Wednesday, December 23, 2009

No Religious exemption for opponents of same sex marriage

Maggie must be pissed off and unfortunately ammunition for the opposition

In recent days courts in both England and the United States have ruled that individuals whose alleged strong religious convictions are opposed to legal recognition for same-sex partners are not thereby excused from complying with laws banning sexual orientation discrimination when it comes to doing their jobs. The cases arose in different contexts - government employment and private business - and invoked some different legal arguments, but in the end they boiled down to the same general principle: that a legislated policy of non-discrimination on the ground of sexual orientation trumps private rights of religious belief when it comes to the public sphere of business or government services.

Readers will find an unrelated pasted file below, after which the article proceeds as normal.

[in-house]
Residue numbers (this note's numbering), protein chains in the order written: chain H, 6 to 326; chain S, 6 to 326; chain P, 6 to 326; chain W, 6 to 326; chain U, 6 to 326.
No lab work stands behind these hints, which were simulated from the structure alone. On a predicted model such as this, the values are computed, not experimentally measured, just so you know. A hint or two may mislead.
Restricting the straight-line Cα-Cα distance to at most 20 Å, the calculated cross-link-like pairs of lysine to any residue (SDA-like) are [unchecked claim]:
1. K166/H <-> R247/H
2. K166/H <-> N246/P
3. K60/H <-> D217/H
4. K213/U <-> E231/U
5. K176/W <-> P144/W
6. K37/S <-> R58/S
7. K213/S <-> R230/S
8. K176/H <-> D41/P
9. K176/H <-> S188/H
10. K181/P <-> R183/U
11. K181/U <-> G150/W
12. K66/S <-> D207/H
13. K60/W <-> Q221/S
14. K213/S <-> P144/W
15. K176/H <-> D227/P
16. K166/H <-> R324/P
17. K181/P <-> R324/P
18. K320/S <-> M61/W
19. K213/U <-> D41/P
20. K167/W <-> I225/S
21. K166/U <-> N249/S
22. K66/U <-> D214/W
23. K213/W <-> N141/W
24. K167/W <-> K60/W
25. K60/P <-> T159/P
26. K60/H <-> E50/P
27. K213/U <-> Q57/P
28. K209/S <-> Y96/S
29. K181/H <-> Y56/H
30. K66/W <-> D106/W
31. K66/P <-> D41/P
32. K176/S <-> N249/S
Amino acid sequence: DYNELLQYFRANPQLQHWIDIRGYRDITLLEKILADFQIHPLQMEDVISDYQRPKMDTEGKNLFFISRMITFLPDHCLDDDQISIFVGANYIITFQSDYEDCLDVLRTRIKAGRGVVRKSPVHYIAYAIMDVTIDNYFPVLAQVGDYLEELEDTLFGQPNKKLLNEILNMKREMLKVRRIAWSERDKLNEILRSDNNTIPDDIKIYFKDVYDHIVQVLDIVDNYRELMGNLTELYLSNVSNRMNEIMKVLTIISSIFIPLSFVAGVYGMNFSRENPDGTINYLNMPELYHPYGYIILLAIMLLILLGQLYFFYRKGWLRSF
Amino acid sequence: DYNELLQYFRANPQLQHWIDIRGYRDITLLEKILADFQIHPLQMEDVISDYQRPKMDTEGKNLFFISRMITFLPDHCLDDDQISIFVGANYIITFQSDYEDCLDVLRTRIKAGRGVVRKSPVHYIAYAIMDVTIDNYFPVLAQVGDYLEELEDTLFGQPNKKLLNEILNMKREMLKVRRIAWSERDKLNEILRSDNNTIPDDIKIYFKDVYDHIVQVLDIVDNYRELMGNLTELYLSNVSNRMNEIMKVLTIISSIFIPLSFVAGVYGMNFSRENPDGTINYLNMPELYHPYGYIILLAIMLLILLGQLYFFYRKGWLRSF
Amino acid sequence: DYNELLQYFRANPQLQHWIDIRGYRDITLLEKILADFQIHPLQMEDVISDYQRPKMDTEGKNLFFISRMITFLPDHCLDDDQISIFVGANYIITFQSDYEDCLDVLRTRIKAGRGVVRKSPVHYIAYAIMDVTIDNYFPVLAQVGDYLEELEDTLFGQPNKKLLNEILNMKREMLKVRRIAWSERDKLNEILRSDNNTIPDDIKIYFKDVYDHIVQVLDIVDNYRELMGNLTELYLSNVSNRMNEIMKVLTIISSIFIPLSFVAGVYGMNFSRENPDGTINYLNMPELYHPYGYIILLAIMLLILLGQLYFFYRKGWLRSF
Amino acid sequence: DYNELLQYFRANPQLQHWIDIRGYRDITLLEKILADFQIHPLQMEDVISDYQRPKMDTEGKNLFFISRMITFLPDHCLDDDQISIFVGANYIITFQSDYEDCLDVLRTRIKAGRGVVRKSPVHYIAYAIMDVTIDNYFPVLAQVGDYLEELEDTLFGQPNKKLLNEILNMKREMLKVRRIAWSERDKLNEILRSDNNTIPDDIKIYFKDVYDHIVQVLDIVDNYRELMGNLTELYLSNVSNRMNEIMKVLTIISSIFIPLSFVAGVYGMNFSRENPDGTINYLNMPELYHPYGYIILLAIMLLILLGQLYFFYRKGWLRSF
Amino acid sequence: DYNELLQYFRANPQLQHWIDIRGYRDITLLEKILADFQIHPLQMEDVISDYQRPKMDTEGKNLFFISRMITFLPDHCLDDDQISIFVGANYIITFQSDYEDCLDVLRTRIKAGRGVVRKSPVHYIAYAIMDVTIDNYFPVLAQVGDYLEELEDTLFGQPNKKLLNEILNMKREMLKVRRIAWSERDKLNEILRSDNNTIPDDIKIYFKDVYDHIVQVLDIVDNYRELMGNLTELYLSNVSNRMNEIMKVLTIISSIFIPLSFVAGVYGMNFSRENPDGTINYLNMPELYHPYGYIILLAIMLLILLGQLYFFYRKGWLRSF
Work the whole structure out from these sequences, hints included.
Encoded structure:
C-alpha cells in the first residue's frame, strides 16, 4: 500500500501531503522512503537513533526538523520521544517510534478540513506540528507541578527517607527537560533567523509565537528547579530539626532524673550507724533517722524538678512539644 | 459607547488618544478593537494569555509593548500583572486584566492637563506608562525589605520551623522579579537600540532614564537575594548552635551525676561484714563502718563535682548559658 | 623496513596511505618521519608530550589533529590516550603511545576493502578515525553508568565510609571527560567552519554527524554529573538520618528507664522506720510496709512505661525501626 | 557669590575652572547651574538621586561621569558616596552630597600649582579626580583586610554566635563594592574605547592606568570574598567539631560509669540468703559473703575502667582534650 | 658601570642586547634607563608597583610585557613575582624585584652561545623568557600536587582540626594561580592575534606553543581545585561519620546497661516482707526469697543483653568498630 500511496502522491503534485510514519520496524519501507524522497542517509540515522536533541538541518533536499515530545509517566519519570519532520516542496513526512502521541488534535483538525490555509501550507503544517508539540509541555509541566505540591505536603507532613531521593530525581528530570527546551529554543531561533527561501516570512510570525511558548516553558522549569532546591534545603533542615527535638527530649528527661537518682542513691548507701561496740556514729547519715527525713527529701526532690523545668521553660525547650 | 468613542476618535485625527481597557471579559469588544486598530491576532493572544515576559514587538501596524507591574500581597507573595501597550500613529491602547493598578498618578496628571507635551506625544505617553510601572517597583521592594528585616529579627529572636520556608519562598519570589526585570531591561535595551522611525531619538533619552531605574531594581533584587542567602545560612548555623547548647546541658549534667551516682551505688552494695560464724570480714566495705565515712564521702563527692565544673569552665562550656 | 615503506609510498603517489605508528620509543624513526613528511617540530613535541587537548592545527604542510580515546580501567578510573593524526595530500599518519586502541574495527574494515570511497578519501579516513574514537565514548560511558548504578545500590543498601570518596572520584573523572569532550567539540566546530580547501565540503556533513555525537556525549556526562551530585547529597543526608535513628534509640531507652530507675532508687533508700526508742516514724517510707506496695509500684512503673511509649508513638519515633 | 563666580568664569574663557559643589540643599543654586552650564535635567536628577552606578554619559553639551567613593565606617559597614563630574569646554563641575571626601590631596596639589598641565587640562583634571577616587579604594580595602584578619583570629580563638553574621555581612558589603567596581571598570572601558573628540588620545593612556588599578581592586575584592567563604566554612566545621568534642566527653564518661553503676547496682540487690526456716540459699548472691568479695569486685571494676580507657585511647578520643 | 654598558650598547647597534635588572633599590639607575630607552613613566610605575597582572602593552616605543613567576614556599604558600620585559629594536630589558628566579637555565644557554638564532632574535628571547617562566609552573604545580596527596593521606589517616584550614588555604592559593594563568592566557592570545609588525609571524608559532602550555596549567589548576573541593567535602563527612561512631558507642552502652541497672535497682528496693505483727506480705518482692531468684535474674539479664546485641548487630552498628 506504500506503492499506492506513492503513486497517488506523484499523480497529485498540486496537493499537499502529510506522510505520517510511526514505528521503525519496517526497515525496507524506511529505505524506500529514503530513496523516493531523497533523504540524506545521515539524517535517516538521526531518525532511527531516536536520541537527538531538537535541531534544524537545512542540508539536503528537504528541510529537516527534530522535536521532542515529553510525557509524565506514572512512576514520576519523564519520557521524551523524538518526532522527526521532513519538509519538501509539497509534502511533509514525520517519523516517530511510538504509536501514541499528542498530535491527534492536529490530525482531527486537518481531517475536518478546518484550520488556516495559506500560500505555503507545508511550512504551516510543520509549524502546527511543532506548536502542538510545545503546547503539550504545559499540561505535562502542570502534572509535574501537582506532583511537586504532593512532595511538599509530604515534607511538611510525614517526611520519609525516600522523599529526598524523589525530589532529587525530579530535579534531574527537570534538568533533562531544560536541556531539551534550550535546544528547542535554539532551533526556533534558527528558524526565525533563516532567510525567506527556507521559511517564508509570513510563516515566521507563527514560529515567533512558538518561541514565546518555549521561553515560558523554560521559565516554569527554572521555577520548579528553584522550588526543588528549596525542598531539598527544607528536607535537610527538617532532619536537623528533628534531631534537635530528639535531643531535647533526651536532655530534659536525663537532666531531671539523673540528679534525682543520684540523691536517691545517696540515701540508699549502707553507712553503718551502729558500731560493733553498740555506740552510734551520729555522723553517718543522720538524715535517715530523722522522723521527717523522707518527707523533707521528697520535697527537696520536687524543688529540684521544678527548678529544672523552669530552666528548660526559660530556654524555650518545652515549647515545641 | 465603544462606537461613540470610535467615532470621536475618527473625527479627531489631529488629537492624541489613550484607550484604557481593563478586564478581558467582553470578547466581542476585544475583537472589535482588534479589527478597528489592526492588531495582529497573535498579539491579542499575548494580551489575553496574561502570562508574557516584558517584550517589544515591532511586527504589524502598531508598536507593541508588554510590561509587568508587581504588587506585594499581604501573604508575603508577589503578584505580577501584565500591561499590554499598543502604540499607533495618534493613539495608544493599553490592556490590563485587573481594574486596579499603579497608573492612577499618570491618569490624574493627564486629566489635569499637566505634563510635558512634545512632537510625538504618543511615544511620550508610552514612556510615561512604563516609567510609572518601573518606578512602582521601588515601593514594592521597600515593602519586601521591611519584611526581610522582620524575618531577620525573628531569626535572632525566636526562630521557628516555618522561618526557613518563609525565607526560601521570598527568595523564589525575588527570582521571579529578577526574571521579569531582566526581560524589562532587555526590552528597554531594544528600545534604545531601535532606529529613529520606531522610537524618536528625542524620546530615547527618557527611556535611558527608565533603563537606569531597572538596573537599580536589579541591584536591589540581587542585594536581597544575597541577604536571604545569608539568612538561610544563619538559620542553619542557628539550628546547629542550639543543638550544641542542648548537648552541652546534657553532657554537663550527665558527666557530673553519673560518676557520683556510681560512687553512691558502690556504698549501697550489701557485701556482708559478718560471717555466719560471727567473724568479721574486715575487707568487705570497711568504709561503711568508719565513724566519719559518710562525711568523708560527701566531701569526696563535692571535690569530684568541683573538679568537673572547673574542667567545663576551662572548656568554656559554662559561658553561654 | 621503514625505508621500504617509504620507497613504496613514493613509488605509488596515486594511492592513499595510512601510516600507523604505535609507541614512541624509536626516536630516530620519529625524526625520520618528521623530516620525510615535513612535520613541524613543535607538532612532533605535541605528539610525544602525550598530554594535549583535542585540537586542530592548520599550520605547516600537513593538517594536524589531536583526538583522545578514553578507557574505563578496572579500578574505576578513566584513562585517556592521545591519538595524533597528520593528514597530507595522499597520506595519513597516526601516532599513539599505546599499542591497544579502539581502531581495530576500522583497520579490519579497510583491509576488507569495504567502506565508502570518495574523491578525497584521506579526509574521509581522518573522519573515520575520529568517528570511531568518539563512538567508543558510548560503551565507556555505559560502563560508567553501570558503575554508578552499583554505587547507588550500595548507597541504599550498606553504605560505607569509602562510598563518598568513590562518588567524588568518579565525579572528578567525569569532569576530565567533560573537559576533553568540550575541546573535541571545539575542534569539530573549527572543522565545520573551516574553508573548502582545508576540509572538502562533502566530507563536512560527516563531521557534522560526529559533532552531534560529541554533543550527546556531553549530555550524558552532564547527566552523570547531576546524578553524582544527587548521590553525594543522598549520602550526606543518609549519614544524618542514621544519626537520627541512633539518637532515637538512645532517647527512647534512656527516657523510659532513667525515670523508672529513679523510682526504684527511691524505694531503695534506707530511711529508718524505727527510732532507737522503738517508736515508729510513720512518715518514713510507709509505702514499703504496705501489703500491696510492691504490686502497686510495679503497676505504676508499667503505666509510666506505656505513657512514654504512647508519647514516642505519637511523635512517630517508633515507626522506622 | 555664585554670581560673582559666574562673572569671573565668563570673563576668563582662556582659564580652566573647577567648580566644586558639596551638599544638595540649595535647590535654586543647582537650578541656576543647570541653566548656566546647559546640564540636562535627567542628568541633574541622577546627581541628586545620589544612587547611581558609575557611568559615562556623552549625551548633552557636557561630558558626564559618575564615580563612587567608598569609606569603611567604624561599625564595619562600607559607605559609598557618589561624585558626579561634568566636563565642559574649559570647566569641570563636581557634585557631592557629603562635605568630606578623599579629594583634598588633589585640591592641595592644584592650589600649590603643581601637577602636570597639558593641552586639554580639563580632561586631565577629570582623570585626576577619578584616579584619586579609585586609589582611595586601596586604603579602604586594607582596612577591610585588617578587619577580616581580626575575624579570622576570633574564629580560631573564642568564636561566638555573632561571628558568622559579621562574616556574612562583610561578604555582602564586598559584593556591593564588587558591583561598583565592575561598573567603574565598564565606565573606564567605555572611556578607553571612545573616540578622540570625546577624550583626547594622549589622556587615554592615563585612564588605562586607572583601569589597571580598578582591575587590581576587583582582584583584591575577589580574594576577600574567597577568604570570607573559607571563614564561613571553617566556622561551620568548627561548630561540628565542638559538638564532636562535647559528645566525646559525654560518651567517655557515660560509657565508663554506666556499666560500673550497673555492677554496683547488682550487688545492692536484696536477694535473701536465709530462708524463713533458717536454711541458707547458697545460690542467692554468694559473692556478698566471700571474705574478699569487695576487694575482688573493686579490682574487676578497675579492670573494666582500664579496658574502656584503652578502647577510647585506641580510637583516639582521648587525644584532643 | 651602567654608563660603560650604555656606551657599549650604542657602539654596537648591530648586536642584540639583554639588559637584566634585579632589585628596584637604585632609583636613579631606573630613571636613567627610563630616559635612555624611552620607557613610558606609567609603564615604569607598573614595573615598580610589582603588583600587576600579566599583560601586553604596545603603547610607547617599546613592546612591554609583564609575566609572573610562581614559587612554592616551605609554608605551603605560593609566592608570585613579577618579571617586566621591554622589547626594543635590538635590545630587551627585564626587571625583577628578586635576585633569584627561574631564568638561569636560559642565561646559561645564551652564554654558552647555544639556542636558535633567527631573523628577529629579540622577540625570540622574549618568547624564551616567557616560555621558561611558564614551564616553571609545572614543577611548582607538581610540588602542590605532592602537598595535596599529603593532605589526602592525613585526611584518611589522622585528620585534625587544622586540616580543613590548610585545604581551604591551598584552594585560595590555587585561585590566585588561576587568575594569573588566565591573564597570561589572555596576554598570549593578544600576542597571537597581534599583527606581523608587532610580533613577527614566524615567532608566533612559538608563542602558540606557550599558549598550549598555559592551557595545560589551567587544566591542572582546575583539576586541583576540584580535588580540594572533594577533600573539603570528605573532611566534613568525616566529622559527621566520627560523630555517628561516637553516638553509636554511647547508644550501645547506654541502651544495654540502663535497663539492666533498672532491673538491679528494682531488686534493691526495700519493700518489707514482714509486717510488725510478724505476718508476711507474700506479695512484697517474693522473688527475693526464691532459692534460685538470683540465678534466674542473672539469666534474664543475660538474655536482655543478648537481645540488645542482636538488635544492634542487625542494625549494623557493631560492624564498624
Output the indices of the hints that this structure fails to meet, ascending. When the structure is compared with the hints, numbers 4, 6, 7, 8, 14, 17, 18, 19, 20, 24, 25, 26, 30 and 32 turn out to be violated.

In the U.K., the ruling came from the Court of Appeal (Civil Division), hearing an appeal from the Employment Appeal Tribunal in the case of Lillian Ladele, who was employed by the London Borough of Islington as a registrar of births, marriages and deaths, beginning in 2002. Ladele v. London Borough of Islington, [2009] EWCA Civ. 1357 (Dec. 15, 2009). When the U.K. enacted a law authorizing civil partnerships for same-sex couples, the local authorities determined that the registrars of births, marriages and deaths who served as civil officiants for weddings would also serve that role for the civil partnerships. Ms. Ladele, asserting her religious objection to having anything to do with legally uniting same-sex couples, argued that she should be exempted due to her religious belief. After all, she argued, under European Human Rights Law and English law, freedom of religious belief is protected.